Then, as luck would have it, Cam Wurf came out… He’s been doing a great daily dairy on the Vuelta for Cyclingtips and so I casually approached him:
“Hey Cam, I love your Vuelta diary, its an awesome read!!!”
Yeah… the famous Dirty Nomad ‘play it cool’ approach going sideways yet again. As luck would have it, Cam is a super cool dude and spent a solid 5 minutes having a rap about the race, bikes and racing a Grand Tour with a cracked rib, as hard as titanium reinforced nails!!! Given we were brand new BFF’s, he was cool to get a dirty photo shoot in:
Next I went hunting for some big PREY… Namely Mr Cancellara and Nibbles. Spartacus was easy to track down, just head for the feverish crowd:
He is one cool motherF that is for sure! Time for a montage of my PRO stalking efforts:
I was missing nibbles though… I knew he had to go and sign on at some point, so as I was walking back to the Garmin bus I was lucky enough to come across the race leader, not my best work, but it will do:
I arrived back at the bus to find the Garmin boys chilling, so maximized on their moment of calm to get this awkward photo with Summy (as we call him), former Paris Roubaix winner no less. See how stoked he is? I have no shame:
There is no question that the Vuelta is way more chilled out than the Tour de France, you can feel it, but everyone says the same thing and it felt a lot more accessible. Ever wanted to know how the PRO laundry gets done? Ah, the bus reveals all (Suspect given this is the Astana bus that this compartment has previously had other uses):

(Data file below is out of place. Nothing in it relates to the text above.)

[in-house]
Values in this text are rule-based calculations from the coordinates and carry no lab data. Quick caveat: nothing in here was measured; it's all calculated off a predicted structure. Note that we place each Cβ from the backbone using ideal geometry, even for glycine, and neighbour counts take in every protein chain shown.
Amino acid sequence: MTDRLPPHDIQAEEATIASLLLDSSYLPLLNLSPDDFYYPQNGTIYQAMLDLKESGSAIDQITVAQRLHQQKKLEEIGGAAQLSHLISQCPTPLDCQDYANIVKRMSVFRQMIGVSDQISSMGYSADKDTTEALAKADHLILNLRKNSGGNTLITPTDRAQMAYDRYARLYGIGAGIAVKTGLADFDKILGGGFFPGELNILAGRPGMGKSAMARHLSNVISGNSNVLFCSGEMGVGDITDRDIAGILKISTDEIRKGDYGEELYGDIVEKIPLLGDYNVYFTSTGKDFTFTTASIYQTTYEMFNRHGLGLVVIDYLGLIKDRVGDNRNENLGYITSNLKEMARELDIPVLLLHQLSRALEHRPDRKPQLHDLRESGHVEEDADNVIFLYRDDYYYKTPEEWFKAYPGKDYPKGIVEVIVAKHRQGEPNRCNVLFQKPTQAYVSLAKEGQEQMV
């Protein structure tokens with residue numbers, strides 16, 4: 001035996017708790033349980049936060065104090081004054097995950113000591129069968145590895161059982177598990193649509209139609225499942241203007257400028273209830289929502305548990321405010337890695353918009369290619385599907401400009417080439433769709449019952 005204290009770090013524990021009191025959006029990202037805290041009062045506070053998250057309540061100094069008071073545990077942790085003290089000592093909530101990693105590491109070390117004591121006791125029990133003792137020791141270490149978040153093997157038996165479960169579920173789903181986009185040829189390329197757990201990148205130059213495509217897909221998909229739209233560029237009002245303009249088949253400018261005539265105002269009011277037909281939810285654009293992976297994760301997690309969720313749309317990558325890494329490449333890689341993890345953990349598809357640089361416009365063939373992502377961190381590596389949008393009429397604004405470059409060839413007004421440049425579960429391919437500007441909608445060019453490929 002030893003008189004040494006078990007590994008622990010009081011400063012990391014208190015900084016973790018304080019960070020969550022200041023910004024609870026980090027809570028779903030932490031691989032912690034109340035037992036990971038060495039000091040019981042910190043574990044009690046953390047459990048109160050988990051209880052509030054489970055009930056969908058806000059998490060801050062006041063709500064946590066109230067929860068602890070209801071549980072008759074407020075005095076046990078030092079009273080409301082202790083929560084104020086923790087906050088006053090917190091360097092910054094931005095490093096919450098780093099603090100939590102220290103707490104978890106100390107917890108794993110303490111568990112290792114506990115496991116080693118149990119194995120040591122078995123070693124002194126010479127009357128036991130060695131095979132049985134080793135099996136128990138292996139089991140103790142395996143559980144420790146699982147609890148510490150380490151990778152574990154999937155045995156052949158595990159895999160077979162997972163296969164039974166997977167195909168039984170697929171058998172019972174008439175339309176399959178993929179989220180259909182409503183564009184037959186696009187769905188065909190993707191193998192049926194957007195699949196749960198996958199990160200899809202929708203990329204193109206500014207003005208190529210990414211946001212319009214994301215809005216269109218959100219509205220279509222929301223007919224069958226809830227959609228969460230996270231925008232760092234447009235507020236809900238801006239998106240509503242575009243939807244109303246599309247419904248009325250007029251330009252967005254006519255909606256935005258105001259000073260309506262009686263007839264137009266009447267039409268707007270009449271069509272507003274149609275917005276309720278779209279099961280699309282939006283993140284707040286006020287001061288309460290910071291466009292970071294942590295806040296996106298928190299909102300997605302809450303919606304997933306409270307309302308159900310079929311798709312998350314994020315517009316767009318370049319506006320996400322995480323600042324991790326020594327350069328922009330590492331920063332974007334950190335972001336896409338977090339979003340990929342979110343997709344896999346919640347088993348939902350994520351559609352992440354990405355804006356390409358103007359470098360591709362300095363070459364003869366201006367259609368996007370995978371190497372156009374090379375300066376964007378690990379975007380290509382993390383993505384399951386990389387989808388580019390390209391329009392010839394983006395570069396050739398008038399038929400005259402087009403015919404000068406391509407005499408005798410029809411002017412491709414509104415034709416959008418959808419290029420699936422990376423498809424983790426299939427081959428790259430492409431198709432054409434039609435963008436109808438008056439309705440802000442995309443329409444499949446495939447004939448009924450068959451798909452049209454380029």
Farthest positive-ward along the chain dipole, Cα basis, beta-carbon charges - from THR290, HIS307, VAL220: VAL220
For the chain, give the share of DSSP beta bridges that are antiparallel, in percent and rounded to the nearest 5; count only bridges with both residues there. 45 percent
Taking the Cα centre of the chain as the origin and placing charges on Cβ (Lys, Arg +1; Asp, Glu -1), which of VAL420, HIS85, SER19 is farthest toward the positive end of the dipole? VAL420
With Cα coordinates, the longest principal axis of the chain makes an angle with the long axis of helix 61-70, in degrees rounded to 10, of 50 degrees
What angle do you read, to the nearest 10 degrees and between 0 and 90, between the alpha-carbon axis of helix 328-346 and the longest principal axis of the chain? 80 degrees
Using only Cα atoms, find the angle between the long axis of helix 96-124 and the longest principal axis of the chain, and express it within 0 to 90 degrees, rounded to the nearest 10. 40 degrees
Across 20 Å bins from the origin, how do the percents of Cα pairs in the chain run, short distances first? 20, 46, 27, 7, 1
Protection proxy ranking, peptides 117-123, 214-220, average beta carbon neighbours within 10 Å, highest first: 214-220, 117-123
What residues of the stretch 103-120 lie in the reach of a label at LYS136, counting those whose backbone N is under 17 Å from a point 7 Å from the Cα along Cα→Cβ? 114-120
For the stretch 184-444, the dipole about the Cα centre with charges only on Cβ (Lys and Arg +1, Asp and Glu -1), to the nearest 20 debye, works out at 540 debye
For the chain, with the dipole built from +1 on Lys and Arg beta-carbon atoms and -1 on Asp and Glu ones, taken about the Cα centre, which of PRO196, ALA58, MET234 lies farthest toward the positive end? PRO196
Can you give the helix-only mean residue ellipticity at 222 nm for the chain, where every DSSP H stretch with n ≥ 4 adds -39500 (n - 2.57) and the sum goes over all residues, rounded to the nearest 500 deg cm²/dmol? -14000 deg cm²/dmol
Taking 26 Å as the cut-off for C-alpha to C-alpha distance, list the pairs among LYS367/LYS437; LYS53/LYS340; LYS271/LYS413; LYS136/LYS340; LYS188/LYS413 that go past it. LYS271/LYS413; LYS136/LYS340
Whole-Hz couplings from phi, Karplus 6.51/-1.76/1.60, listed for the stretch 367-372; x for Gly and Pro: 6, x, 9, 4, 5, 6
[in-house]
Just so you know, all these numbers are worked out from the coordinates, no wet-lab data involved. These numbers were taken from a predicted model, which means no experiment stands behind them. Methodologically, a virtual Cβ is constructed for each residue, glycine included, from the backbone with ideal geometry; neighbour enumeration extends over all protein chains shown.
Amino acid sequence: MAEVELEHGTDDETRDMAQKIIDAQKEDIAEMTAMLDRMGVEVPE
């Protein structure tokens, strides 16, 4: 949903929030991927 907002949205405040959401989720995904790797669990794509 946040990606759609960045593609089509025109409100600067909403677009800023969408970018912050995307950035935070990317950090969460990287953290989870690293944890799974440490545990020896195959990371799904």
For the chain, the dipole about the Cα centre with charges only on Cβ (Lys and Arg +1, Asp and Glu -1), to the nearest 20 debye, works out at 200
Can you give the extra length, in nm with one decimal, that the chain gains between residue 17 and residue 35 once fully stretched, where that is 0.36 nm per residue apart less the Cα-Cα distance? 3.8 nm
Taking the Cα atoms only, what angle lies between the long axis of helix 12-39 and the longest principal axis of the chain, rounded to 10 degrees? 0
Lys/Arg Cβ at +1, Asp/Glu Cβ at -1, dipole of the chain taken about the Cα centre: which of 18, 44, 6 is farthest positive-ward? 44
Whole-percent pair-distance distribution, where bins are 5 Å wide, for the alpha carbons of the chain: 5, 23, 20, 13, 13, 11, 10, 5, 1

So, it was time to hit the road and I jumped into the Garmin Team bus with Richard the Chiro and Matt the French bus driver. Richard gave me the inside tip from Tyler that Cancellara was planning on pulling out of the Vuelta tonight, so he was going to get on the front in the crosswinds and blow the race to pieces… Which is exactly what he did with 27km’s to go! I wish I had that intel before the stage start to adjust my Velotipper entry accordingly!
Seems a pre-req skill for being a team bus driver is to be able to drive with your elbows at 100kph, whilst reading a map (I thought it was ironic that the Garmin bus had paper maps? It also had 2 GPS devices to be fair) and talk on the radio to all the other bus drivers. Out of town and it was time to catch up with our good mates from Argos Shimano and to… Er… Flush the tank:
There is a whole Pro Team bus driver fraternity going down, which includes bus racing, radio chatter and the main game of the Vuelta – See who can get the most expensive fuel bill in one filling. Today was a land mark day when our driver Matt took the lead with a $708 Euro fill up bill! Epic:
The transfer took a couple of hours, so during that time I basically talked cycling non stop with the guys, which was awesome as they obviously had a few stories to tell! I was like a sponge soaking it up as I sat in Tyler Farrar’s seat. Cliff bar anyone?
I watched the finish with Rich the Chiro, it was exciting as Summy was doing a massive turn at the end to try and set Farrar up for the win, but the dirty dutchie ambushed them all to stay away for the stage 17 win. Unlike yesterday it was impossible to get close to the line today, so no good photo shots I’m afraid. I did use the Go Pro for some video, but its had a spaz tonight and I am having issues with getting footage off the fecker.
No ride today, but I was more than happy to trade that for a day of PROness… thank you to the lads at Garmin for putting up with a passenger and for the good times. An unexpected view into a day on a Grand Tour stage and very cool!